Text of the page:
Delegation of the European Union to Tanzania

Making fact-checking a global practice: towards a common approach to countering disinformation and misinformation

02/07/2021 - 21:10

7 July 2021, New York - Event on Fact Checking

Introduction and context

Disinformation and misinformation have been broadly recognized among major modern threats. They affect societies and the functioning of democracies all over the world and, with the profusion of communication channels and advances in digital technology, they spread rapidly and threaten public goods, risk increased polarization in societies and limit the fundamental freedom to hold opinions and to receive and impart information and ideas without interference.

Fabricated or false information is often blended with verified facts, thus further enhancing its undermining impact on democratic institutions and procedures, including election integrity, trust within societies, and the credibility of national and international efforts in areas such as health, science, climate change, the protection of human rights and fundamental freedoms and the achievement of the Sustainable Development Goals. In some cases, information manipulation distorts civic discourse and the integrity of the information environment through the inauthentic or manipulated distribution of content (via fake accounts, inauthentic outreach, etc.) or the suppression of alternative voices.  The spread of disinformation, information manipulation and misinformation, including on the Internet, can be deliberately designed to incite violence, hatred, discrimination or hostility both among nations and within societies.  

Recent progress in the UN context

The damaging effect of disinformation and misinformation has become especially visible since the beginning of the COVID-19 pandemic. As UN Secretary General António Guterres said in May 2020 “as COVID-19 spreads, a tsunami of misinformation, hate, scapegoating and scare-mongering has been unleashed.” In response to this phenomenon, the UN launched in May 2020 the “Verified” initiative aimed at tackling the growing scourge of COVID-19 misinformation by increasing the volume and reach of trusted, accurate information. The consecutive phases of the campaign, including #PledgeToPause and #OnlyTogether, led by the UN Department for Global Communications with the active engagement of many UN Member States, has provided information and advice around several themes: science, solidarity, responsible behavior and information support to vaccination. The new period of the Pause initiative of the Verified campaign, launched on 30 June 2021, aims at further raising awareness, strengthening solidarity, and educating global audiences to stop the spread of misinformation.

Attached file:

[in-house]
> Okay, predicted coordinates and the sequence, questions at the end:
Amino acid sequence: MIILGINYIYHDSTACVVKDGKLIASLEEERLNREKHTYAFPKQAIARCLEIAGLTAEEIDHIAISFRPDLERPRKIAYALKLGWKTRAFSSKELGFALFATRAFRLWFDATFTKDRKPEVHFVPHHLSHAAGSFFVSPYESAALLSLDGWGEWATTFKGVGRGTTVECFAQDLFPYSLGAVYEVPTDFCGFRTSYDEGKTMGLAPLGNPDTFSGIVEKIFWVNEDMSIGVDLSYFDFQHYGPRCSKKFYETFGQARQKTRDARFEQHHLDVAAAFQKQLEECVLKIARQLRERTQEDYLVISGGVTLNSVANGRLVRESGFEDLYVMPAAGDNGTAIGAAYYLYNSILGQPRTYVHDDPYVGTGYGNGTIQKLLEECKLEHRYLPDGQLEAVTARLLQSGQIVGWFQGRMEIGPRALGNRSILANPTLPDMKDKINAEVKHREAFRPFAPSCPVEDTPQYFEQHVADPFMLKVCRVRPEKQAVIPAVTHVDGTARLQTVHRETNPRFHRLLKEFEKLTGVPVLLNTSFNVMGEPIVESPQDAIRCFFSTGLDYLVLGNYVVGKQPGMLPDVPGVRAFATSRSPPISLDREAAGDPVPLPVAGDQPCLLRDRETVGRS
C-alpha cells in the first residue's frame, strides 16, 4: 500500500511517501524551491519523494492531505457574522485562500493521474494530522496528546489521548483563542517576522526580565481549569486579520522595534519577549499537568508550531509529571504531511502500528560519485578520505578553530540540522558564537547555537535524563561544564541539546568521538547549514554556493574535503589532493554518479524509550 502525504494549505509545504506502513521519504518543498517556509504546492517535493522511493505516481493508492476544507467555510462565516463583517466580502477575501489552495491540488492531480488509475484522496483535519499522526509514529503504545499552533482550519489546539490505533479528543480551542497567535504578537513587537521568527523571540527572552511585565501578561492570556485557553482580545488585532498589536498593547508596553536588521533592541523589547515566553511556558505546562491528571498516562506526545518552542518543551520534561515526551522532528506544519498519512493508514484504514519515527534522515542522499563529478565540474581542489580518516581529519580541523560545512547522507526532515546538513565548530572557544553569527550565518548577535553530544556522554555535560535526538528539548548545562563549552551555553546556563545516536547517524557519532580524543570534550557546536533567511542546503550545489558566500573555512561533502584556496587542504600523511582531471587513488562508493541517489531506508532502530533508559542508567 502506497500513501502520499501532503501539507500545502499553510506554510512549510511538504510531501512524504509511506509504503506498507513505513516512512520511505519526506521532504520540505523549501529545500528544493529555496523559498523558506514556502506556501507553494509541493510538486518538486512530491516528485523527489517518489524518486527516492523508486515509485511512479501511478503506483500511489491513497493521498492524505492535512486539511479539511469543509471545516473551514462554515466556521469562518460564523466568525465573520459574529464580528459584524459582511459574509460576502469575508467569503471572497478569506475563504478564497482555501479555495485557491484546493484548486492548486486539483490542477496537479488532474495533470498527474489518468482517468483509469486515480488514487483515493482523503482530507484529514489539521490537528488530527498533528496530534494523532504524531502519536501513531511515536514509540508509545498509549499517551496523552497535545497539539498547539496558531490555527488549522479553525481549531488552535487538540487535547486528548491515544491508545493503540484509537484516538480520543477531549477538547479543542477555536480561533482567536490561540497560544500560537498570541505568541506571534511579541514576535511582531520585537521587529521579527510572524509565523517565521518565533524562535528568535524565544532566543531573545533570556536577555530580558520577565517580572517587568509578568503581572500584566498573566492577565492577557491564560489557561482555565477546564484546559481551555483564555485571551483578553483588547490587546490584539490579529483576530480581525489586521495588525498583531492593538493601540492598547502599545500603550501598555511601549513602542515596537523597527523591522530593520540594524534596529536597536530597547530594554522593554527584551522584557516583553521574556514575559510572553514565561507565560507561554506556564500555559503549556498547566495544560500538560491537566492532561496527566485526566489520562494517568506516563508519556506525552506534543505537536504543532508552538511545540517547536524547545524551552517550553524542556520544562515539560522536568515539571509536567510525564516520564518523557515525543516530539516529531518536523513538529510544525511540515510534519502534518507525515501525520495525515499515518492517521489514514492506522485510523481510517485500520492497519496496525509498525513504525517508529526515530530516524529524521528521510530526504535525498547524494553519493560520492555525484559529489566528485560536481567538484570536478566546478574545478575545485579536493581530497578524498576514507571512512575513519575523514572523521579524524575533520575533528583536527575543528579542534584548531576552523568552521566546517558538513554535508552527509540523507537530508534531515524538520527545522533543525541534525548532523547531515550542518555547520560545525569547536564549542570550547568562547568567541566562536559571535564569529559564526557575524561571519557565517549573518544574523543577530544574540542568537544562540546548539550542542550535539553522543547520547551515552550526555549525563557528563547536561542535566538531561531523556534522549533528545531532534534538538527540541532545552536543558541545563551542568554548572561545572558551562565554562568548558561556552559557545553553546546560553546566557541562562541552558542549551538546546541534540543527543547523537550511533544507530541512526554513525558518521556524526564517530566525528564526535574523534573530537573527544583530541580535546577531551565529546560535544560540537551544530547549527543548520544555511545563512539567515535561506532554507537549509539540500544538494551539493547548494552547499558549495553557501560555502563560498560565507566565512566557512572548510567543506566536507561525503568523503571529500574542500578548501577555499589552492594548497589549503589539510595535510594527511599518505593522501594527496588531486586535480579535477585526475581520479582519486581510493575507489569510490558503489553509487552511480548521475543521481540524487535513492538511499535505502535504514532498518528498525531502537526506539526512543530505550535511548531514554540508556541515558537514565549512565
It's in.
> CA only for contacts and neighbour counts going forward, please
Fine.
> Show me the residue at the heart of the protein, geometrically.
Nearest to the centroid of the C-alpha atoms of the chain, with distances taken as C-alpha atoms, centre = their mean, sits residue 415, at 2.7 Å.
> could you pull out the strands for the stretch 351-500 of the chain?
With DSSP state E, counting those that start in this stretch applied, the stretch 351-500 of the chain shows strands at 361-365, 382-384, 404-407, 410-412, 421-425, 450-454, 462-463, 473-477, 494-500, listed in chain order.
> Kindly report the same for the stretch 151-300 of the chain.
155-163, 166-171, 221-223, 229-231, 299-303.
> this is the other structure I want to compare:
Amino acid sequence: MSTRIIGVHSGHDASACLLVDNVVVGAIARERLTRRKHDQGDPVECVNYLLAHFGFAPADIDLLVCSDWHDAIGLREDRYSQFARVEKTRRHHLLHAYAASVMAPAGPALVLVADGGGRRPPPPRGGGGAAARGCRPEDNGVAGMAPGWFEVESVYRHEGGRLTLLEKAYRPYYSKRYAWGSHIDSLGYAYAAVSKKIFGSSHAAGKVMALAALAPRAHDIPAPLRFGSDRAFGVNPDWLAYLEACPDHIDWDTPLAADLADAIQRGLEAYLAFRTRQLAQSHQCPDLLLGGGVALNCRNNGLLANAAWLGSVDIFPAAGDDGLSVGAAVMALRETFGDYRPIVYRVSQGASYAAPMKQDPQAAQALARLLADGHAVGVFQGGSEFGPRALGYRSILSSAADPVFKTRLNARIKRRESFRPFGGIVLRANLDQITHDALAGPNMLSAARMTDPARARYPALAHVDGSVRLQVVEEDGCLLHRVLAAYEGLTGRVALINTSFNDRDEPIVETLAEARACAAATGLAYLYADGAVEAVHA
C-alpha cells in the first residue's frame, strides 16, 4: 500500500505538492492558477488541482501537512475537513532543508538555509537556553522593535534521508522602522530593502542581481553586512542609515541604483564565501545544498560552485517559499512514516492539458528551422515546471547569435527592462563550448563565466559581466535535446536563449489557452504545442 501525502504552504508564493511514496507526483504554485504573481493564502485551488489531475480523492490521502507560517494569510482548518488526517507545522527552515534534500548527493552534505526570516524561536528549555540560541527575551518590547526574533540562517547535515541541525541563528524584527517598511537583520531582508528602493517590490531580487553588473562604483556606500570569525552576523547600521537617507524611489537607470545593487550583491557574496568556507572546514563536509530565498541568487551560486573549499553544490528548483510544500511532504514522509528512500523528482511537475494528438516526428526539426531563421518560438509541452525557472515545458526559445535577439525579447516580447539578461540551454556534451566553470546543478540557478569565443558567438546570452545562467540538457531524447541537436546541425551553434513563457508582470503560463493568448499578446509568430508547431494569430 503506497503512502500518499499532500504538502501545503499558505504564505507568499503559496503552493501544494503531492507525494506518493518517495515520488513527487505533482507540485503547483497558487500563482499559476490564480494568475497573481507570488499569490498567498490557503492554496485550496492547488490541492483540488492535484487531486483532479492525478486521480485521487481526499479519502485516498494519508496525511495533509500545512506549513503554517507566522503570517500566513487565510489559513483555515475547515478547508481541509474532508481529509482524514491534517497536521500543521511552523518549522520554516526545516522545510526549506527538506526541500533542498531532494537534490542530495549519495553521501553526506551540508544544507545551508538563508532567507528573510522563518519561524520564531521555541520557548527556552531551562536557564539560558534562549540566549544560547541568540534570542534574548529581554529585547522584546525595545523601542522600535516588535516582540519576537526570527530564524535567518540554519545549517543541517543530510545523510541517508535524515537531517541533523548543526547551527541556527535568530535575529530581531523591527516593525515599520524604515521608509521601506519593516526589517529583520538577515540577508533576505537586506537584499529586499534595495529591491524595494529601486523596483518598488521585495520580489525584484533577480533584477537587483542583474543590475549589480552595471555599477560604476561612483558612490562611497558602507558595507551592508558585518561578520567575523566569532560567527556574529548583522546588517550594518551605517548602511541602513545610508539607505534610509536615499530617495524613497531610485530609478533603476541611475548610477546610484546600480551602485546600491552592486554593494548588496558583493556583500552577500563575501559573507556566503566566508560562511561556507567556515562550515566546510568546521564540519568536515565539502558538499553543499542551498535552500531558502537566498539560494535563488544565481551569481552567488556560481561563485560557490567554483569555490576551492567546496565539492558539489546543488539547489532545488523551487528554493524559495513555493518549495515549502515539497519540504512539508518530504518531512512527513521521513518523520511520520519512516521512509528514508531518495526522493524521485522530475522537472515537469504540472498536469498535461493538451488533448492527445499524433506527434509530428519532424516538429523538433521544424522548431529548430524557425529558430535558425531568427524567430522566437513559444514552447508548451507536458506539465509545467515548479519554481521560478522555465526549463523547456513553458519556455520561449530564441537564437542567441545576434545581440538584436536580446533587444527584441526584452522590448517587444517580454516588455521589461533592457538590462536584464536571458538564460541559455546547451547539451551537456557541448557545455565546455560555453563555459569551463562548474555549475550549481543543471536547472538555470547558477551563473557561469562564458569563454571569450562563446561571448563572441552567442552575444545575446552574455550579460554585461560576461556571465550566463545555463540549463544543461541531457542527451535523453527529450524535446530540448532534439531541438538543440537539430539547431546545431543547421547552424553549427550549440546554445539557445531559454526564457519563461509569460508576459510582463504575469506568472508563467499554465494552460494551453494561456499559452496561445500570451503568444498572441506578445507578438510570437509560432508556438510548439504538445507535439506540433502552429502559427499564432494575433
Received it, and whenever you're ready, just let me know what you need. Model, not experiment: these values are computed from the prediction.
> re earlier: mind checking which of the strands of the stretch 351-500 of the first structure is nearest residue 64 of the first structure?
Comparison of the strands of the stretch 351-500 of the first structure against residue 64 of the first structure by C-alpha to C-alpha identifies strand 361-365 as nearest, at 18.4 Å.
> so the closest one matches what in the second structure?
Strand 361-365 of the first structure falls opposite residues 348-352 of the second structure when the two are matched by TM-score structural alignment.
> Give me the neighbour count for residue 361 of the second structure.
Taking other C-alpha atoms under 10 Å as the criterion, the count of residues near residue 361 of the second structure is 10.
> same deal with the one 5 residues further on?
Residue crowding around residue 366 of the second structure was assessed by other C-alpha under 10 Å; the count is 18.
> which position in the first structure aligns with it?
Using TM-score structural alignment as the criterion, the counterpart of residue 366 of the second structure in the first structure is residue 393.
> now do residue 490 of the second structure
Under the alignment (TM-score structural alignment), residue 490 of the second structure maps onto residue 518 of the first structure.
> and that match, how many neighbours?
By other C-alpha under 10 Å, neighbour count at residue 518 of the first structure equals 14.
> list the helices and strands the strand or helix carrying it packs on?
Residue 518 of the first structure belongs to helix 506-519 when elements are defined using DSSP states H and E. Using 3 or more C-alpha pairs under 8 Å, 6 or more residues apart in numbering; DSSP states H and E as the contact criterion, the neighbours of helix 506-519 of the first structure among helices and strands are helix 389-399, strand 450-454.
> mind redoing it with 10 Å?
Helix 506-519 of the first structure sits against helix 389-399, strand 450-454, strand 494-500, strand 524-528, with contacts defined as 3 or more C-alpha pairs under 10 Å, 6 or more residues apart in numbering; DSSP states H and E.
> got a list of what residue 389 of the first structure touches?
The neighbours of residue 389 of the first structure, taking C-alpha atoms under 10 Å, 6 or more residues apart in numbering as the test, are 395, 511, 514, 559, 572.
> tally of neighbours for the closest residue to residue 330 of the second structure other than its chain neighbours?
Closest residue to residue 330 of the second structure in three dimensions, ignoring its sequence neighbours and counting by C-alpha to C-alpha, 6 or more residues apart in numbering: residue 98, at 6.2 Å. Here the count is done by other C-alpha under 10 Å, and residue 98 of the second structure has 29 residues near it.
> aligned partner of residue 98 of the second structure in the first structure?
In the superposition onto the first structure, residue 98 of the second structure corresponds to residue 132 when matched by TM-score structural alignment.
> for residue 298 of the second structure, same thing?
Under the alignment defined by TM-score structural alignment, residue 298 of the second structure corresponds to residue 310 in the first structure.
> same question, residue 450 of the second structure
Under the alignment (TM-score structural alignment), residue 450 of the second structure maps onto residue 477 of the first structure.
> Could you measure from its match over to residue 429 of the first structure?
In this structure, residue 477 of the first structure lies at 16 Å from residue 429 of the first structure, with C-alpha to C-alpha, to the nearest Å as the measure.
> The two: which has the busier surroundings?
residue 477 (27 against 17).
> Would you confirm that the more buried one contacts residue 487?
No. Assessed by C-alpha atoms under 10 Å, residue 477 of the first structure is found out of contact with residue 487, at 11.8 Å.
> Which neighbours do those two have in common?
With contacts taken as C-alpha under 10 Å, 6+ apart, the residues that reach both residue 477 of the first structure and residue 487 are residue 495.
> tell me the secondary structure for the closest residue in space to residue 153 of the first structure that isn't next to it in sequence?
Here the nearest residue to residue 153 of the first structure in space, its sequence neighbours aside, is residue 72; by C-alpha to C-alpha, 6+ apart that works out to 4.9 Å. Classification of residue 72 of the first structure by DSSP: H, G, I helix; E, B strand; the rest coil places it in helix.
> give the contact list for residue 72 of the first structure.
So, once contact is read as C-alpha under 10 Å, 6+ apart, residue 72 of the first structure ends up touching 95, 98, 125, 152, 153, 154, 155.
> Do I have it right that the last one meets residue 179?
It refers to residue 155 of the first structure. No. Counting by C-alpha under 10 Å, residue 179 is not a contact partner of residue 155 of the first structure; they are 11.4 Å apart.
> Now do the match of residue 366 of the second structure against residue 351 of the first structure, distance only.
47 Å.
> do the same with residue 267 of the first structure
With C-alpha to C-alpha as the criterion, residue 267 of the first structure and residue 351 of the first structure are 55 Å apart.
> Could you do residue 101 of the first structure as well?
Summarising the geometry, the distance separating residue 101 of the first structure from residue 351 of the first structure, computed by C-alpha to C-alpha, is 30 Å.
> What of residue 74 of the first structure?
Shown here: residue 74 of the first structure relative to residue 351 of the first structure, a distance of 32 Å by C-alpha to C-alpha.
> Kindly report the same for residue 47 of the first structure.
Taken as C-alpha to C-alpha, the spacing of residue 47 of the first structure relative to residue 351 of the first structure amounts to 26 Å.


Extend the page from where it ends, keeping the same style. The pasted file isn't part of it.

In parallel, 130 UN Member States, as well as Palestine and the European Union, issued a Cross-Regional Statement on the “Infodemic” in the context of COVID-19, initiated in June 2020 by thirteen Member States. As stated in the document “the COVID-19 crisis has demonstrated the crucial need for access to free, reliable, trustworthy, factual, multilingual, targeted, accurate, clear and science-based information.

The UN’s active engagement in the fight against the COVID-19 “infodemic,” as well as the acknowledged need to “contribute to countering proliferation of misinformation and disinformation[1], consolidates the organisation’s role in strengthening the ability of societies worldwide to build media literacy skills, resistance and resilience against the impact of disinformation and misinformation, in particular in times of global crises.

On 25 March 2021 the UN General Assembly adopted Resolution 75/267 proclaiming “Global Media and Information Literacy Week,” which promotes commemorative, educational and public awareness activities that tackle the issue of disinformation and misinformation and encourages Member States and other actors to increase awareness, capacity for prevention and resilience in this respect.

The overall importance of resilience building

Governments, but also civil society, academia, independent media, fact-checkers and the private industry are employing a wide range of resilience building activities: awareness raising, strategic communication, media literacy, support to civil society and media, internal and external cooperation and capacity building. By making societies, infrastructures, government institutions and citizens more resilient against disinformation, information manipulation and interference, indirect costs are imposed on perpetrators as it becomes more difficult for them to penetrate and influence the information environment.

While a lot of work has been done on this, international coordination on resilience building activities could still be further improved to maximize their result. For example, joint awareness raising programmes or donor coordination on media and media literacy support are options to be considered.

The contribution of fact-checking

A core task of media work since its origins, fact-checking has now become a requirement for all media users of the 21st century, who more than ever consume a wide variety of news sources – from mainstream media to decentralized online sources.